You’ve been invited to a friend of a friend’s party. You’ve never been to this house before, and you’ve also never been to this street. As you track the street numbers, you notice you’re getting close, and you (automatically) turn the radio down in order to look for the house better. The question is, why?
One response might be: “When we need to concentrate a little more, like when we’re looking for a house in the dark, we often try to get rid of distractions so we can focus.”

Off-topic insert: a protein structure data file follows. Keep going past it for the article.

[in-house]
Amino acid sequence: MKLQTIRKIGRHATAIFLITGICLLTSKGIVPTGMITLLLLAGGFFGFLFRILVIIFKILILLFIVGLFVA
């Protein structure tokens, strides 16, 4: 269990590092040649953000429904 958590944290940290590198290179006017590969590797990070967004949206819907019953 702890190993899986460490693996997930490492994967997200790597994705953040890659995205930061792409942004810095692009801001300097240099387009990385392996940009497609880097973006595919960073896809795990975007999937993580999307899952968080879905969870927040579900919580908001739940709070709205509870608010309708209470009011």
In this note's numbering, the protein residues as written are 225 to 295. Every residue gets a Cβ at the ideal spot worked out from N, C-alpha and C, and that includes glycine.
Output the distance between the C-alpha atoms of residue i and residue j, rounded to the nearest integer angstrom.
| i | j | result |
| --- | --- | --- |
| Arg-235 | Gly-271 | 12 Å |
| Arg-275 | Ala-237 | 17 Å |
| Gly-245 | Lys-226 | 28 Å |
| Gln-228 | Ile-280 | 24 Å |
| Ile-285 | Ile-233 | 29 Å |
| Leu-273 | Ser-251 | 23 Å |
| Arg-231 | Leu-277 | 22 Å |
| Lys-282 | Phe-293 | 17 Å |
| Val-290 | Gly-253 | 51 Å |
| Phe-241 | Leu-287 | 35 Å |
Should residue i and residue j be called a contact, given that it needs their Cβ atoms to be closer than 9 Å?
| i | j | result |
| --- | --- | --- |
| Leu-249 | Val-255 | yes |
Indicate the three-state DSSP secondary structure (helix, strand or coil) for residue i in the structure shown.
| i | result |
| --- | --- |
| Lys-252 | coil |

This answer is intuitively appealing. It’s also exactly the kind of answer cognitive psychologists try to avoid.
The words concentrate, distractions, and focus all point towards something (attention) that is left undefined. Rather than detailing its properties and how it works, we just assume people intuitively know what it means.
Find out more about this over at The Conversation.
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